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Fossorochromis rostratus




Endemic to Lake Malawi.


Most commonly found in areas of shallow water with sandy substrates.

Maximum Standard Length

10″ (25cm).

Aquarium SizeTop ↑

60″ x 15″ x 18″ (150×37.5x45cm) – 250 litres.


Set up the aquarium with large piles of rocks arranged to form caves, large areas of open water for swimming and a sandy substrate. We recommend restricting the rockwork to the edges of the aquarium as F. rostratus is a very fast swimming, active fish and may injure itself in an aquarium full of rockwork.

Water Conditions

Temperature: 77-84°F (25-29°C)

pH: 7.5-8.8

Hardness: 10-25 dH


Unfussy but live and frozen foods should comprise a large proportion of the diet. It particularly relishes invertebrates of any kind, such as brine shrimp, prawns and bloodworm, but is not a piscivore and will generally refuse fish meat.

Behaviour and CompatibilityTop ↑

Peaceful and should not be kept with boisterous species such as mbuna but will eat small fish. Ideal tankmates include Frontosa, Cyrtocara moorii and Rift Lake Synodontis species. This is a shoaling species and should be maintained in a group. Try to buy 2 or 3 females per male if possible. Male fish become territorial when spawning, and a huge tank is required to keep more than one dominant male.

Sexual Dimorphism

Dominant males are far more colourful than females. Subdominant males and females look alike.


Not often bred in aquaria. Polygamous maternal mouthbrooder. The breeding aquarium should be at least 60″ in length and furnished as suggested above, with the addition of some large, flat rocks to provide potential spawning sites. There should also be large areas of open sand. A pH of 8.0-8.5 and a temperature between 77-81°F are ideal. A breeding group of one male and 3-6 females is recommended. We suggest the purchase of a group of 8-10 young fish which are then allowed to develop naturally. Bear in mind this may take some time, as F. rostratus does not become sexually mature until it reaches around 6-8″ in length.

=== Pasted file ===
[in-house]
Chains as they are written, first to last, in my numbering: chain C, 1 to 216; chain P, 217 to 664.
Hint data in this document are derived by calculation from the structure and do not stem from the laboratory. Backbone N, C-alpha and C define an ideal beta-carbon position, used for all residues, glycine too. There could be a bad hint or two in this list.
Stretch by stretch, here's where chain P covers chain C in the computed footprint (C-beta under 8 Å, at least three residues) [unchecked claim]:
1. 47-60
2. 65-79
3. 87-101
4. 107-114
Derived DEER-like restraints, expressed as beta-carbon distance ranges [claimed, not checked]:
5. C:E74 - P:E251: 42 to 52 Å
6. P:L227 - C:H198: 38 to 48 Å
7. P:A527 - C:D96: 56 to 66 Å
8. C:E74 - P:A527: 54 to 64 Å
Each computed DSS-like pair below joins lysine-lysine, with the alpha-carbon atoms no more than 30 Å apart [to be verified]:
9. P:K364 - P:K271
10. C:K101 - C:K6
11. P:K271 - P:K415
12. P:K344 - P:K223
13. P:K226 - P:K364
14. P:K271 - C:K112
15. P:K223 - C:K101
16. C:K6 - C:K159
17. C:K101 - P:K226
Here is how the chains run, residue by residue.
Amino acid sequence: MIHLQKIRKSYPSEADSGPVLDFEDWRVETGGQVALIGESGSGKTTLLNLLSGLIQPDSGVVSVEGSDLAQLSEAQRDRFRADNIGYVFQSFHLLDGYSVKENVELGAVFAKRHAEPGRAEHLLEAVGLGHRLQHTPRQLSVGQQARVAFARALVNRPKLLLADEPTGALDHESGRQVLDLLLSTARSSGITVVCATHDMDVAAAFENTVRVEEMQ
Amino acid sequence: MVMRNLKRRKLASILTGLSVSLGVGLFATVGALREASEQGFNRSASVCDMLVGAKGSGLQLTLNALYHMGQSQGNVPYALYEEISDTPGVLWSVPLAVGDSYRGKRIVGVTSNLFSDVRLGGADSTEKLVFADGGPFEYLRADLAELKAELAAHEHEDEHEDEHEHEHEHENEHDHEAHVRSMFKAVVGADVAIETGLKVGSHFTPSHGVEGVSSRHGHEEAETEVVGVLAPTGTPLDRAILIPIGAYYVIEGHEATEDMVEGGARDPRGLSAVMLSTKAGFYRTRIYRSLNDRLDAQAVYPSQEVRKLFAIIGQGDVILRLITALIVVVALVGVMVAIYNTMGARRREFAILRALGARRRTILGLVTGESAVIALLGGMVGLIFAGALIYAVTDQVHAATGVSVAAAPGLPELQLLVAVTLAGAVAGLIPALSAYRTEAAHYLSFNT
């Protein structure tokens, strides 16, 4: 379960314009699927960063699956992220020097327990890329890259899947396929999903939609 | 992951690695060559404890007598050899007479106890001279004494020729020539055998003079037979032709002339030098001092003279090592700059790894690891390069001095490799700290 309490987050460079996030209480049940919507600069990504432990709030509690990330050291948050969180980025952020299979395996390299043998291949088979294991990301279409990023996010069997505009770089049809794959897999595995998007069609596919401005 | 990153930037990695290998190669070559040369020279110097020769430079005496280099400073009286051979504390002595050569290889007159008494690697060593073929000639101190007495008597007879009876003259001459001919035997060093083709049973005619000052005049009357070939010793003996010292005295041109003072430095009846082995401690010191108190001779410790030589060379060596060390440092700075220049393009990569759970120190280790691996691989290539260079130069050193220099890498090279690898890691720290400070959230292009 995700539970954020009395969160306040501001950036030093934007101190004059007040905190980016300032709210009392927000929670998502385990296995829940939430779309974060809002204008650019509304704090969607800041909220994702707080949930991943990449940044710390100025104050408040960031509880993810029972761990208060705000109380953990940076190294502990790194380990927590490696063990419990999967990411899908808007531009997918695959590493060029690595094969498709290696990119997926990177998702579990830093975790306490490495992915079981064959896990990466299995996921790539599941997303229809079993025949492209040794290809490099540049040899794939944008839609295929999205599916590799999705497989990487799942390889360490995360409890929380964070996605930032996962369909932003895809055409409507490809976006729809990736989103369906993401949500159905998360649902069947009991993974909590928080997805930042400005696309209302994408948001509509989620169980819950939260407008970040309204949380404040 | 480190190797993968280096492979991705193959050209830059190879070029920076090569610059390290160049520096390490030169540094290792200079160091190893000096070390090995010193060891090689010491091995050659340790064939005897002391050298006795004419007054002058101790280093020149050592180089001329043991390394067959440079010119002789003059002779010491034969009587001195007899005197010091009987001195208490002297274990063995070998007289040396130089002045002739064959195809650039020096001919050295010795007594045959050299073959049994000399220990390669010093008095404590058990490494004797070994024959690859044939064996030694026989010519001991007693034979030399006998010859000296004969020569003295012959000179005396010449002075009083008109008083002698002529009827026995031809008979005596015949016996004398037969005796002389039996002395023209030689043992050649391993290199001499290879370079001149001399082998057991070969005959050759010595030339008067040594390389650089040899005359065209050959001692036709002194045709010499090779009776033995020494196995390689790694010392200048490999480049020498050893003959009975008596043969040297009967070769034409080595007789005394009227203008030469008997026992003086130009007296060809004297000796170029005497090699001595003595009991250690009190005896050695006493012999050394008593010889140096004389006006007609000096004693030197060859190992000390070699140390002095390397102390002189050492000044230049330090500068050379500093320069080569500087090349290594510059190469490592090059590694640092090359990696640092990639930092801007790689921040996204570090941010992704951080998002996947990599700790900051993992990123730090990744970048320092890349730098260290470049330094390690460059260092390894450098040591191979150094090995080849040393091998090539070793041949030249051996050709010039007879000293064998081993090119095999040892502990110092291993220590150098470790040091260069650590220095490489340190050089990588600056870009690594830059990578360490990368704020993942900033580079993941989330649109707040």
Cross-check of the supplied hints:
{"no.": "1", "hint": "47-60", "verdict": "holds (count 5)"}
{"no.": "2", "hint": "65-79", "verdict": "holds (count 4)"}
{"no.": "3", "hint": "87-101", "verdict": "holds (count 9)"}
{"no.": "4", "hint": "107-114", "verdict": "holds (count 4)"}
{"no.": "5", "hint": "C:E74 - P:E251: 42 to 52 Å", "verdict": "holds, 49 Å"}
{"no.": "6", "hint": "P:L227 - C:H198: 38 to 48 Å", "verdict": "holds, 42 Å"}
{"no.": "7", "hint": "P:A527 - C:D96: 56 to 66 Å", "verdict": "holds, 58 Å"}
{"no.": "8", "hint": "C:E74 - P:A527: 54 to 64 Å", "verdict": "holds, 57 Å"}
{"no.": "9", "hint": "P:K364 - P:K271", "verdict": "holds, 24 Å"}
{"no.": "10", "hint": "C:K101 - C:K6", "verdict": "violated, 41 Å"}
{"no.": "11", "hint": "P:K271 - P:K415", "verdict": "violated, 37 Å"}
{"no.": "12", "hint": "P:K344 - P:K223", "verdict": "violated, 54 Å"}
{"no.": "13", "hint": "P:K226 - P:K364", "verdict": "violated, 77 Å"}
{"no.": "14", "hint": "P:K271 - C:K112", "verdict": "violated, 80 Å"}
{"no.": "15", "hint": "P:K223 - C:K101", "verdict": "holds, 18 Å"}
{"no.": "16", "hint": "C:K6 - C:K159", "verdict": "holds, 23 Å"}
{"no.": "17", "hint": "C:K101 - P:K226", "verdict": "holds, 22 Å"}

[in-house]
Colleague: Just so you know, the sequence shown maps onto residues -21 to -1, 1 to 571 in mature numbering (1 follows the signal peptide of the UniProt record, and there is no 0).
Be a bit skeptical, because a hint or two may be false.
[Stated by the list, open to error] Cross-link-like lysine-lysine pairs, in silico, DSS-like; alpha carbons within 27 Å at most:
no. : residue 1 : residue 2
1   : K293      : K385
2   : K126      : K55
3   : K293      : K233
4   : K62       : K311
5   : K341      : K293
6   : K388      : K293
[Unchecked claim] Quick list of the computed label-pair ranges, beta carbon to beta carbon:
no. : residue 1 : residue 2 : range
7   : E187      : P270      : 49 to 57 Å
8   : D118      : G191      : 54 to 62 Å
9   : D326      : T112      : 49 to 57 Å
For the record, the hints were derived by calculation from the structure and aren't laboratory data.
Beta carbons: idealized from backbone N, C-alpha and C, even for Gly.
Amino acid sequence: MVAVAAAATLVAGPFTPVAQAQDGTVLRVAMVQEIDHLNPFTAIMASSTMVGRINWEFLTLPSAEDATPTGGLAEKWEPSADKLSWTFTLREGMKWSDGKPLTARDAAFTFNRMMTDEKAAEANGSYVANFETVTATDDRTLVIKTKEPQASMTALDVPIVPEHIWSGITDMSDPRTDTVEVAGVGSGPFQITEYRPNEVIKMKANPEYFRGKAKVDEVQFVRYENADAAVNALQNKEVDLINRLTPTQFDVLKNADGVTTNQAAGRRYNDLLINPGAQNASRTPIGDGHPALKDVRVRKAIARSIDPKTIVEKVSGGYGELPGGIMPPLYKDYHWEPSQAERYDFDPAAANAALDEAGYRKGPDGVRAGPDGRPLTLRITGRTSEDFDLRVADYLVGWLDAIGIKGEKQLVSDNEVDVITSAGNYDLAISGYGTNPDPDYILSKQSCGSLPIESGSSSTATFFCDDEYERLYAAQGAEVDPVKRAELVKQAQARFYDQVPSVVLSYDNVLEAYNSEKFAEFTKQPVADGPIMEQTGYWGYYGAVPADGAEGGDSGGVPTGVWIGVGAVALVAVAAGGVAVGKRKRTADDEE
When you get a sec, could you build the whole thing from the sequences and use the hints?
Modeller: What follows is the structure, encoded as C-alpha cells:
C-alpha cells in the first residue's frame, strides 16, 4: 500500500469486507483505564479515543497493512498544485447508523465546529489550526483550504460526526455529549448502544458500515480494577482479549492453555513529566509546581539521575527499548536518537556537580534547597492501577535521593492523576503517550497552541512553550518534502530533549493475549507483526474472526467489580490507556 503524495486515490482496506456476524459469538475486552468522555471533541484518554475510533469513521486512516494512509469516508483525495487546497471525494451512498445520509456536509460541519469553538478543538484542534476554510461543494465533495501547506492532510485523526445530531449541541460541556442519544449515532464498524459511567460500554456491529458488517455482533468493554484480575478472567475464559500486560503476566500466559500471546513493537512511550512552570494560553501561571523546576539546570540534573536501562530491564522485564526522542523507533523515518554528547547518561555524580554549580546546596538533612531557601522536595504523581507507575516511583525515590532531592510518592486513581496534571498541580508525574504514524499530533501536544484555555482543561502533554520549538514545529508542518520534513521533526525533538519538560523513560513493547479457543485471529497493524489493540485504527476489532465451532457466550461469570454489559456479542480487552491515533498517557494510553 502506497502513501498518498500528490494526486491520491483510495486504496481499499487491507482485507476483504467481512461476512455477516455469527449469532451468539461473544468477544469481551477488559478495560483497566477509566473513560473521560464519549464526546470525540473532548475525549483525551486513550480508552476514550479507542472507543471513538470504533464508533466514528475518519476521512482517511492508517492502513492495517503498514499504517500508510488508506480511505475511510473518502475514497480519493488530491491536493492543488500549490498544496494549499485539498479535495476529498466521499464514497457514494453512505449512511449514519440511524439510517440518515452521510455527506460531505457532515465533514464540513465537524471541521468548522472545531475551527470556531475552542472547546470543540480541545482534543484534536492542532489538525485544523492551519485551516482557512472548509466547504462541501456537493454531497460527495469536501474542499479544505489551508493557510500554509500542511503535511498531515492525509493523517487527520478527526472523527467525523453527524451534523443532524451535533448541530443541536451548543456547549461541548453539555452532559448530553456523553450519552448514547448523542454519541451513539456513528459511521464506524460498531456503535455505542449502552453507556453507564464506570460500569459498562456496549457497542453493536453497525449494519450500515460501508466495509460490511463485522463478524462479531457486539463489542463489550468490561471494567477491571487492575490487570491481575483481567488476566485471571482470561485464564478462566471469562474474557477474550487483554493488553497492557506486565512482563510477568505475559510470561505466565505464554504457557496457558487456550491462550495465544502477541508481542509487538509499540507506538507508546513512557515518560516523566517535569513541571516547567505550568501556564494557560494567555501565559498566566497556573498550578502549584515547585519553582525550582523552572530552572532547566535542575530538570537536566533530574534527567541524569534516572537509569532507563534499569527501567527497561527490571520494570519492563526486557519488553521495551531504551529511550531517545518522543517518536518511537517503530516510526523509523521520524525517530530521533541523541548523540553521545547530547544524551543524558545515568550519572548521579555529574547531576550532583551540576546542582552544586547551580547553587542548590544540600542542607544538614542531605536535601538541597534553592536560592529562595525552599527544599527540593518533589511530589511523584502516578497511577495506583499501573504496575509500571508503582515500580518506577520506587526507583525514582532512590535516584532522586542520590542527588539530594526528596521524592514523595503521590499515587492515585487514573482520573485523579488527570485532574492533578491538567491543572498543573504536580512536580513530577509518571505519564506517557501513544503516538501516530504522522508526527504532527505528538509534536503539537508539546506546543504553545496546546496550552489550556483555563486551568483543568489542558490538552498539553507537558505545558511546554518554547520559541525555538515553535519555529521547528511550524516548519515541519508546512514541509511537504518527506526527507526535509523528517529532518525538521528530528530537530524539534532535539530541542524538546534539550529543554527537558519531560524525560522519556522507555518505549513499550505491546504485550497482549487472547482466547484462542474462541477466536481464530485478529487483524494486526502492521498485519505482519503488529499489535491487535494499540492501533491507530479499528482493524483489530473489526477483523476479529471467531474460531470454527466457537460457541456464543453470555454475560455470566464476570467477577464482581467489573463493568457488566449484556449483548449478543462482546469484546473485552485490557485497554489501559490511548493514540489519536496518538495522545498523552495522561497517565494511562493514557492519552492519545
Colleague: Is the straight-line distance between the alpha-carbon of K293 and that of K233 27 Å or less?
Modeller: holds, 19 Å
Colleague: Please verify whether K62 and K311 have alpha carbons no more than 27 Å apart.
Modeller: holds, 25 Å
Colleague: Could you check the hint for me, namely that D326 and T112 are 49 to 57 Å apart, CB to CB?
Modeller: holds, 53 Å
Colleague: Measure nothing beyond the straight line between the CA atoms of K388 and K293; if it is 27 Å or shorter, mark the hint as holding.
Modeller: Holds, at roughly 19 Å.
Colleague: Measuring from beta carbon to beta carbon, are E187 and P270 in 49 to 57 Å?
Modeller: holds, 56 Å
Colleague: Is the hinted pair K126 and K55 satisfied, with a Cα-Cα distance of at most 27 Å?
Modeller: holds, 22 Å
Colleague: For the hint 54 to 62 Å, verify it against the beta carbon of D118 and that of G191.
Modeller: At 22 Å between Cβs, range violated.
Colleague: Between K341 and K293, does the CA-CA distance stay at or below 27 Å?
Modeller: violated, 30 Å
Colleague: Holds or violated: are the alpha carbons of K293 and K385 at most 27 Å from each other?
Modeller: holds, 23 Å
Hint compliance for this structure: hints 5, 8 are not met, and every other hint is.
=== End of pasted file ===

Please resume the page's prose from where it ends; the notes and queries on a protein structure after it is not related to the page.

When ready, the male will choose a spawning site, either on a flat rock surface or by digging a depression in the substrate. In nature, this can measure up to 2.5m in diameter and so the male may seem to be very aggressive at times in the aquarium. This is simply because he sees the entire tank as his territory. The male will display around his chosen spawning site, showing intense colour and attempt to entice females to mate with him. When a female is willing, she will approach the spawning site and lay her eggs there, after which she immediately picks them up in her mouth. The male fish has egg-shaped spots on his anal and the female is attracted to these. When she tries to add them to the brood in her mouth she actually recieves sperm from the male, thus fertilising the eggs.

She will carry the brood of up to 130 eggs for around 3 weeks before releasing the free swimming fry. She will not eat during this period and can be easily spotted by her distended mouth. If a female is overly stressed she may spit out the brood prematurely or eat them, so care must be taken if you decide to move the fish in order to avoid fry predation. It is also worth noting that if a female is away from the colony for too long she may lose her position in the pecking order of the group. We recommend waiting as long as possible before moving a female unless she is being harassed.

The fry are large enough to accept brine shrimp nauplii and crushed flake food from the day they are released. They grow quickly if fed regular small amounts. If the female is left with her young, she will not harm them and will continue to take the fry into her mouth at night or when she senses danger for a couple more weeks.

NotesTop ↑

F. rostratus was formerly classified as Haplochromis rostratus. When startled, it may bury itself in the substrate. It often displays its natural sand-sifting method of feeding in aquaria, and a substrate of sand is essential as gravel may injure the fish. In nature, it is only the largest dominant males that build nests, whilst the subdominant males and females shoal together. There also exists a feeding relationship between this species and Cyrtocara moorii in the wild, in which shoals of C. moorii will follow feeding groups of F. rostratus and feast on any morsels stirred up by their sand-sifting activity.

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